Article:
Finally, I vowed to eliminate the last vestiges of fun from my life. “Fun is for the young,” I blogged. “My priorities need to be responsibility, stewardship, sobriety, caution and cholesterol. By this time next year, I hope to report an existence that has finally captured the essence of drudgery.” Progress report: On Sept. 13 last year, I thrilled to hear an old song from the sixties that I hadn’t heard for years. So, in other words, failure again.
Looking back, it becomes apparent that I set my dreams unrealistically high. I still want to offer up some resolutions for 2011, but I’m going to scale these back into achievements I can reach by the end of this week. Then, I’ll have the rest of the year to allow my animal urges to run wild, even if I haven’t become an actual animal.
In 2011, I will:
- Write an entire paragraph in my blog that doesn’t include an adverb.
- Read the Bible more (there — took care of that one already).
- Take my shirts out of the dryer
- Lose at least a small amount of weight (cutting fingernails counts)
- Stop and smell the roses or, if that fails, stop and smell the Rosses, a new family that moved in next door
- Pretend to take up knitting by carrying chopsticks and a towel around with me
- Stop caring about dusty surfaces in my home, and think of fiber-based filth instead as a protective patina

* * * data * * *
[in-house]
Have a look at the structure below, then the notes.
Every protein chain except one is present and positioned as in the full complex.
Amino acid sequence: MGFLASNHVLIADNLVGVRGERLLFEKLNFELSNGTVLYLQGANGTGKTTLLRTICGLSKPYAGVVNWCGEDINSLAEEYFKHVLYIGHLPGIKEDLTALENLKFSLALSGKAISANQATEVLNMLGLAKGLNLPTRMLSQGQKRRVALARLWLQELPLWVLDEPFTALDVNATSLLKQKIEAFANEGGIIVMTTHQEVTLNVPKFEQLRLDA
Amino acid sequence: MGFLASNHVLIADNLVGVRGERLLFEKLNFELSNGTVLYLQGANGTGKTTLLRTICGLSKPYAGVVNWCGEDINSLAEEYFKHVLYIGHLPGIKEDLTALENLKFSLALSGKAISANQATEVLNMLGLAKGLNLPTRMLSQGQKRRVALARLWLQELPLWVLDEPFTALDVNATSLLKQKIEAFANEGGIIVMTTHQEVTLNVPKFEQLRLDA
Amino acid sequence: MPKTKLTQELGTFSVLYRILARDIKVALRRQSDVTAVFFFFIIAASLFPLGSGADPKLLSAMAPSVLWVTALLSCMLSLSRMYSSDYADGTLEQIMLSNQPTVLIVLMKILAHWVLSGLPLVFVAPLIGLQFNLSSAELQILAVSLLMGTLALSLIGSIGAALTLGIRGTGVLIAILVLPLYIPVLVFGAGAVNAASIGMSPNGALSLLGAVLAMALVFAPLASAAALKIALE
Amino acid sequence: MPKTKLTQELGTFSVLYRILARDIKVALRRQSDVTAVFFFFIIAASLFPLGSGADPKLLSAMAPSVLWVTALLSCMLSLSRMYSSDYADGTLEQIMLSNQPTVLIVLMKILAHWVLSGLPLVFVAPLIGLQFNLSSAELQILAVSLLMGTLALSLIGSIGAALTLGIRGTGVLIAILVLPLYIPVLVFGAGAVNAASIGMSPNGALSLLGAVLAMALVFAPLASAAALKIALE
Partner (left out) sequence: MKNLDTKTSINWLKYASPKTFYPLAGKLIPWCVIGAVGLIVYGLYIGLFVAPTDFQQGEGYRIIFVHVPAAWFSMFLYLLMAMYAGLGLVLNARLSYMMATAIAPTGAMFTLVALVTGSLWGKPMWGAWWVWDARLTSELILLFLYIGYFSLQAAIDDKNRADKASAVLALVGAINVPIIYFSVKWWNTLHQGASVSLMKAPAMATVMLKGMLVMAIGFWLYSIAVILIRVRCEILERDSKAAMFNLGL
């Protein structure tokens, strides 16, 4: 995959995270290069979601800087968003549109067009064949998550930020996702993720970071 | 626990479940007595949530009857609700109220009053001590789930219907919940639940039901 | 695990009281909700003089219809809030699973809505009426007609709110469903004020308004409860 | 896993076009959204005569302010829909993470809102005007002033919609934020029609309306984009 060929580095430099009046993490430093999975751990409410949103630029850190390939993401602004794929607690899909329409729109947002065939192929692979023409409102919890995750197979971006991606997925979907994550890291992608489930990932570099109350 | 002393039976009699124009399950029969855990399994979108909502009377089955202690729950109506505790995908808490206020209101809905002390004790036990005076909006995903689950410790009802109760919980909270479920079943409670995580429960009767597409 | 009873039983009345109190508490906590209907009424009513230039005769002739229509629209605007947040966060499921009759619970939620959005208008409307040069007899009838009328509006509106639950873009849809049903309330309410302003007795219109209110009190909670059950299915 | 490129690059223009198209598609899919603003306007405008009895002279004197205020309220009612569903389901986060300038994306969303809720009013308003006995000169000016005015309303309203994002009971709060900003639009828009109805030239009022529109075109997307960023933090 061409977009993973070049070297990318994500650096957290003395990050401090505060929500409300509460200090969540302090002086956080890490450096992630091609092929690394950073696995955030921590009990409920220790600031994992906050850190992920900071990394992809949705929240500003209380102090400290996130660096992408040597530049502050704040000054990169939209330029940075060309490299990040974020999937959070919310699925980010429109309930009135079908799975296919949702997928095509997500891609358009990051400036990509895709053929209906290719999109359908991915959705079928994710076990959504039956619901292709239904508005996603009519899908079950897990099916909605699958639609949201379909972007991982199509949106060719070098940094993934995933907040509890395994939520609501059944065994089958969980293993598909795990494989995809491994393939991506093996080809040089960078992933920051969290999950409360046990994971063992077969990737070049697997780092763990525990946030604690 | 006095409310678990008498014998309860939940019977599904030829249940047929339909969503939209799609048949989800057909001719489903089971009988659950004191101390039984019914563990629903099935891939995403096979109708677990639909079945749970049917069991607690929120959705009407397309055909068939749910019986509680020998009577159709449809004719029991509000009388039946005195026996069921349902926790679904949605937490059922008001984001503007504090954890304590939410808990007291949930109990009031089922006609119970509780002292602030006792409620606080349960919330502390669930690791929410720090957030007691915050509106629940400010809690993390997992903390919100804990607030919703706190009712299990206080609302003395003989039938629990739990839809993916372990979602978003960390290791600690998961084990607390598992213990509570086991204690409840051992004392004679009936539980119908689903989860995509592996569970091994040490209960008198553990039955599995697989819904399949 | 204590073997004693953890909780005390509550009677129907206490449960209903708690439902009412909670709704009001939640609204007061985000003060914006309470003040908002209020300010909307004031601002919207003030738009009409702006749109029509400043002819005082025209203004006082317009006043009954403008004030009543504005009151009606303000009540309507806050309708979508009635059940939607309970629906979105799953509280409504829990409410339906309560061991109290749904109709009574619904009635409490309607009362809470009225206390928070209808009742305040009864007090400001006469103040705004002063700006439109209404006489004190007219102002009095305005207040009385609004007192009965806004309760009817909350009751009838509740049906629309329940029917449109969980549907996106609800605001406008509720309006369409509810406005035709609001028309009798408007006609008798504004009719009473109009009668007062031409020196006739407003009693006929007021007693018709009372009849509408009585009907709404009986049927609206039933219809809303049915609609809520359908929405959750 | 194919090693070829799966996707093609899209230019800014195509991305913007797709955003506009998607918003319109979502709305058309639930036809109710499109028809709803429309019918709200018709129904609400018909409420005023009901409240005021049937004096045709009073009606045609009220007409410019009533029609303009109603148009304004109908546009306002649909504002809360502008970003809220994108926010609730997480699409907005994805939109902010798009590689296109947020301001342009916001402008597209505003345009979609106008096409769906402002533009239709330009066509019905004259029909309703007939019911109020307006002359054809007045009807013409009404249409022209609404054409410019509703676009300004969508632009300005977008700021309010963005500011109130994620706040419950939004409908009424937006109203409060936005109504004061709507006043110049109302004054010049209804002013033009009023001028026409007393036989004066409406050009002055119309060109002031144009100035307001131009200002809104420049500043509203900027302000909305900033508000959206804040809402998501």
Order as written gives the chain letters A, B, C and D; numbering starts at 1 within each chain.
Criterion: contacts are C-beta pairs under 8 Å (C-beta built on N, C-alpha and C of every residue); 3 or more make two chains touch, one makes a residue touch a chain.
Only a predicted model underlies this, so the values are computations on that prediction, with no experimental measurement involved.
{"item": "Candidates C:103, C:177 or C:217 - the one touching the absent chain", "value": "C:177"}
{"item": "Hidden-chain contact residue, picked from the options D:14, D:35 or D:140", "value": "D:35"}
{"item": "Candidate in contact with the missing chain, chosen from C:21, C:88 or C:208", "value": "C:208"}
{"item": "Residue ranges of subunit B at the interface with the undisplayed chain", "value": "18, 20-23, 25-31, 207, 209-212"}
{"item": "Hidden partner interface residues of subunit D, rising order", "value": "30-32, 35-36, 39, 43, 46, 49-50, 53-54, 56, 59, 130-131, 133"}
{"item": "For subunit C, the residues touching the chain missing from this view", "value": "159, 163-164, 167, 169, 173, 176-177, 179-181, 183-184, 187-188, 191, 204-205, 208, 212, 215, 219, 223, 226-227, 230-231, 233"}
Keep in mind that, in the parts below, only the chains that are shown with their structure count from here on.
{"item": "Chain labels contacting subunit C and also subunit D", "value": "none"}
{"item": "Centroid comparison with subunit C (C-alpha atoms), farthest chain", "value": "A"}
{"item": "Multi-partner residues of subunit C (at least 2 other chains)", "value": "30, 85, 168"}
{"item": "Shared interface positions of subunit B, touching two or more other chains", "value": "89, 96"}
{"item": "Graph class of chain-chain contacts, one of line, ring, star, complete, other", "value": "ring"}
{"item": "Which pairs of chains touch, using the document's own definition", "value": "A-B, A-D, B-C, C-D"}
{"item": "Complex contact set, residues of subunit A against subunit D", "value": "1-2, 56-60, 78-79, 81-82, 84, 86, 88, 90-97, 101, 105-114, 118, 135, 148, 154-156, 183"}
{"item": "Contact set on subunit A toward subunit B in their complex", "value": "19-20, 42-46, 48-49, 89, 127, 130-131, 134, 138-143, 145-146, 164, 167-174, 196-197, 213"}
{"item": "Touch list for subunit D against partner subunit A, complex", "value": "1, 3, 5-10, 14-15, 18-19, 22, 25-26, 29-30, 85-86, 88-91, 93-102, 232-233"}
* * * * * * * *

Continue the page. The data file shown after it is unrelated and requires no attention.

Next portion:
- Create a secret language that only I can understand
- Erase less, white-out more.
Lastly, there is one other thing I want to try to accomplish in the year ahead. I aim to come off in my personal interactions with family, friends and coworkers as slightly deranged.
Despite recent trends toward de-institutionalizing the severely mentally ill, you still don’t encounter that many crazy people in everyday life. Most people speak coherently, act reasonably, and smile and say “thank you” when they’re done. These civilized citizens are little noticed and little respected.
What if, instead of living by the conventional script we’ve all grown a little tired of, I started dropping hints here and there that I might be a tad unhinged? I’m not talking about taking hostages or anything as troublesome as that. I will simply finish each conversation by looking over the person’s right shoulder and whispering “anhinga” (a fish-eating bird native to the wetlands of the South). I will look at a person’s mouth instead of their eyes while talking to them. I will perform deep-knee bends (with full arm extension) at work and in the aisles of grocery stores. I will grow the left half of a moustache.
None of these things alone, or even in combination, will be enough to cause others to seriously question my sanity. However, I will be setting myself apart as a unique individual worthy of attention and a kind of grudging respect. You may have literally hundreds of short conversations during the course of a typical day, and will forget virtually all of them by evening. But you won’t be able to get the image of that guy with all the weird tics out of your mind. Maybe you’ll even consider offering him cash payments just to leave you alone.
These, then, are my resolutions for the year ahead. We’ll check back in at the first of 2012 to see how I’ve done — if I’ve been confined to a group home or continue to roam freely.
Until then, “anhinga”.